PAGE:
What to do: If you think your mental health could be behind your morning headaches, talk to a neurologist and your therapist. According to Dr. Berk, there are medications that can help prevent headaches that also improve sleep and there are specific antidepressants that can help both migraine and anxiety or depression.
There are several ways that dehydration can trigger all types head pain — including migraines, tension headaches, hangover headaches and even heat-related headaches. The change in hydration status of the body could impact intracranial pressure or cause electrolyte abnormalities, says Dr. Feoktistov. “In addition to the headaches, if those changes are severe, dehydration could also produce confusion, disorientation, significant sedation and even coma in some patients,” he explains.
What to do: It’s not always just a matter of drinking more water (although that’s a probably a good idea!). Some preexisting conditions or medications (such as diuretics taken for high blood pressure) can up your risk of becoming dehydrated, so talk to your doctor if you think this could apply to you.
While some medicines (like diuretics that cause dehydration or sleep aids that don’t allow for deep, restorative sleep) might put you at risk for a morning headache, the biggest culprits are the painkillers that are used to treat headaches in the first place. Traditionally, doctors have referred to these so-called rebound headaches as “medication-overuse headaches,” but Dr. Parikh says they are beginning to use the term “medication-adaptation headaches” to take the blame off people who are in pain and need the medicine.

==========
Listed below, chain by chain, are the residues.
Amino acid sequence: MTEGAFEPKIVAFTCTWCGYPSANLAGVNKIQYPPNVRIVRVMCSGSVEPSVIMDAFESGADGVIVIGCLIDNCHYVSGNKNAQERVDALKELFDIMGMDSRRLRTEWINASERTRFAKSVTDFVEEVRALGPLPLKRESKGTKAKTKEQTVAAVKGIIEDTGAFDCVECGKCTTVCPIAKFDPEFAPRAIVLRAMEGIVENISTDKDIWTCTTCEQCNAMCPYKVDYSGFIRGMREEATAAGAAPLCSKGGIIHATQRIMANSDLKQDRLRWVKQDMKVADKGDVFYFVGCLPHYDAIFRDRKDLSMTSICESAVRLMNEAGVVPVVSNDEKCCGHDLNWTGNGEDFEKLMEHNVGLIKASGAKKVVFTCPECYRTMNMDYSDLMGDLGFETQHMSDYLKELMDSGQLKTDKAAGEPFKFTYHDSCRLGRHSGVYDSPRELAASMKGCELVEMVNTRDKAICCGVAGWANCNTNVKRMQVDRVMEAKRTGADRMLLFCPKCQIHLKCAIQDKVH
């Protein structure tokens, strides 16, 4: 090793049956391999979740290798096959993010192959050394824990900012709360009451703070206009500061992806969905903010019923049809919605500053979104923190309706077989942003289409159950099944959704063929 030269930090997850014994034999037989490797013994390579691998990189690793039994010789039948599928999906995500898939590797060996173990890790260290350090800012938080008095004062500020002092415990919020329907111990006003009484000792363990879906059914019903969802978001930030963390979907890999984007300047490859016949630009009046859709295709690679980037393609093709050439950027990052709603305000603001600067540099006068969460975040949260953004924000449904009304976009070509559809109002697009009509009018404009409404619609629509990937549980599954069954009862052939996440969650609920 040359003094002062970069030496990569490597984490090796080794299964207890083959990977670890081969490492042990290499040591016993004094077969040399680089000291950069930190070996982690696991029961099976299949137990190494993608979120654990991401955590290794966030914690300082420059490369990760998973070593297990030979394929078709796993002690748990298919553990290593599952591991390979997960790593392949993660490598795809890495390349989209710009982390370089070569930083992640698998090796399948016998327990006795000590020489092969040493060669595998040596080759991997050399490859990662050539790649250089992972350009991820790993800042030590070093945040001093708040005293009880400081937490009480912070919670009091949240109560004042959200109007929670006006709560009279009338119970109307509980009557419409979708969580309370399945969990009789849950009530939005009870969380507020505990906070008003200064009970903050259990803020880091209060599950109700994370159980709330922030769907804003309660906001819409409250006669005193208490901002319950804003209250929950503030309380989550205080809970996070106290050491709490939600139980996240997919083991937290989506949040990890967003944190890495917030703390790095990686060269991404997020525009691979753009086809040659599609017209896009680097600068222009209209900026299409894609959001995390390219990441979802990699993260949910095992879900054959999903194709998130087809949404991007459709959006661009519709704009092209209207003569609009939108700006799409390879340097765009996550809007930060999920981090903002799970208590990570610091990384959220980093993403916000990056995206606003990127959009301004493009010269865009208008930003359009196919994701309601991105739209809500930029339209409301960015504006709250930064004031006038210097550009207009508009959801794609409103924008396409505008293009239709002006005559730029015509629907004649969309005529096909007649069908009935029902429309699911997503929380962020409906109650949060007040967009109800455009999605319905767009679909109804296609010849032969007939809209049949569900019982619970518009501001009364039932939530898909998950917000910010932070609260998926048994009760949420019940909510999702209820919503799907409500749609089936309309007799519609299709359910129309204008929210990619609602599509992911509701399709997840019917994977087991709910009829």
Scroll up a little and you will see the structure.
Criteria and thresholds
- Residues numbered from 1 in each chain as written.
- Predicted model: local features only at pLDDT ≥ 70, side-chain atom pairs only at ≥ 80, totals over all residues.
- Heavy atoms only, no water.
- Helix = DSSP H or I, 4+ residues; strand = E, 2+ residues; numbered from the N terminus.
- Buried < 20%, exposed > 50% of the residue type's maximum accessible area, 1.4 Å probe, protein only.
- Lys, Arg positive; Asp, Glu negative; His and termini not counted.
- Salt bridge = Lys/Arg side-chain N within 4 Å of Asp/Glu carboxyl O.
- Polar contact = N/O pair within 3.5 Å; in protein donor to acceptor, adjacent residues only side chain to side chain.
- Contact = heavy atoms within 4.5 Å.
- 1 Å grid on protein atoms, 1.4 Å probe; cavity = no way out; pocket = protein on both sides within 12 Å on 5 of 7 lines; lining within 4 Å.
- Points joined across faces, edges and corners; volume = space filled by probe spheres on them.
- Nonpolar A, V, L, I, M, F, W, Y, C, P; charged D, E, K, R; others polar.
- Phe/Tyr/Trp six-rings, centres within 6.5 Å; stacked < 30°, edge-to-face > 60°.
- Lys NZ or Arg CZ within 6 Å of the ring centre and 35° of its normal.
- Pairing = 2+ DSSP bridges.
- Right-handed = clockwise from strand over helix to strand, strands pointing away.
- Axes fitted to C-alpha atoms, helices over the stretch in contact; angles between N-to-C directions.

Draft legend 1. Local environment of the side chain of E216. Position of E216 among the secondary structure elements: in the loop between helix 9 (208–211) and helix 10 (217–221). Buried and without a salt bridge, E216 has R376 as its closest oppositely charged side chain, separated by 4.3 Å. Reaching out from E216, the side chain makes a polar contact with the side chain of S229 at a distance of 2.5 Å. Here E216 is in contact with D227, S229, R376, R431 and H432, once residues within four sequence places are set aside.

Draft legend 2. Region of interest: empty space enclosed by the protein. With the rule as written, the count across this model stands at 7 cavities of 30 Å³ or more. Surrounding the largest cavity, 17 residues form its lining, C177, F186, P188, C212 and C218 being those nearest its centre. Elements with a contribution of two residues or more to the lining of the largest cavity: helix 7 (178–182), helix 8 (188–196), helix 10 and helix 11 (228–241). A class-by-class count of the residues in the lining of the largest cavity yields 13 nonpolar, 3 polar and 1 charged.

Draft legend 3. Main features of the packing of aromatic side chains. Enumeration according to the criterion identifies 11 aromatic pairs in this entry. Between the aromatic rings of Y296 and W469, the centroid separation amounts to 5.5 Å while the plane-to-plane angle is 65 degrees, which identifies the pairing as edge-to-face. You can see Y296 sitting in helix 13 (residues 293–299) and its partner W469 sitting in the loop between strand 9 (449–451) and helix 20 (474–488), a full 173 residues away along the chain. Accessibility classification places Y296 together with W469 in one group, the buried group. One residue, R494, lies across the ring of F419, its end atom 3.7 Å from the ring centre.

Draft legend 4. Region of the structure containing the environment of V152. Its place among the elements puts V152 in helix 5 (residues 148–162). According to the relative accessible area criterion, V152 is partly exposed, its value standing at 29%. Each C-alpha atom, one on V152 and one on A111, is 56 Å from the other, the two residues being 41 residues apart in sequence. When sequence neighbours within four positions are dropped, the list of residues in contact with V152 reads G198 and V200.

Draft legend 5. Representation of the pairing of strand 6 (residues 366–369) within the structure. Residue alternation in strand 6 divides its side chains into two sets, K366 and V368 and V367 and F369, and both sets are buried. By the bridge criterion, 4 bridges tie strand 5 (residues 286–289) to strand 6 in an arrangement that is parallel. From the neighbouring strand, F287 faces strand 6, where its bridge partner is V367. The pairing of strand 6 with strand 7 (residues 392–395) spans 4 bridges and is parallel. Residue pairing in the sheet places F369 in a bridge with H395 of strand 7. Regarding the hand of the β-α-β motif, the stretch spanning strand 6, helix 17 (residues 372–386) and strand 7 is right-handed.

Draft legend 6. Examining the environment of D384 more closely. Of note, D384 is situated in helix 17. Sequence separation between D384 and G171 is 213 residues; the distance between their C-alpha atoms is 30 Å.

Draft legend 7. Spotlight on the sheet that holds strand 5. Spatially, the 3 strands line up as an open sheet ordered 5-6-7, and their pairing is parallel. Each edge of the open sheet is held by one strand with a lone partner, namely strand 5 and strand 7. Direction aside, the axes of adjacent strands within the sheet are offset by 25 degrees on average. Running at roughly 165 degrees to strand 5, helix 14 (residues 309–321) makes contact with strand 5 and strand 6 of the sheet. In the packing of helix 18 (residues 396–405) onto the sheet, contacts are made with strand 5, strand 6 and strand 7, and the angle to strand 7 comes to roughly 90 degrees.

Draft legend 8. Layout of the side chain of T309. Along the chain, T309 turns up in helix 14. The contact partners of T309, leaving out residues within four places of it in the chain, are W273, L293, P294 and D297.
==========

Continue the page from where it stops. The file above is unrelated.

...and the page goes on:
What to do: “If your headache frequency is pretty high, you might need to take medicines pretty often — more than a couple of times a week — to stop the headaches,” says Dr. Berk. (It could be a prescription med, an over-the-counter painkiller or even caffeine.) “Oftentimes you’ll experience those rebound headaches in the morning and the reason why is because your body is craving that medicine and it’s been hours or maybe longer since you’ve had it,” Dr. Berk explains. If this happens, ask your doctor if you can start a preventive treatment to keep the headaches from happening. “You may still need a medicine to treat the pain acutely every so often, but the goal is to make it much less frequent so that way you don’t have this rebounding,” says Dr. Berk.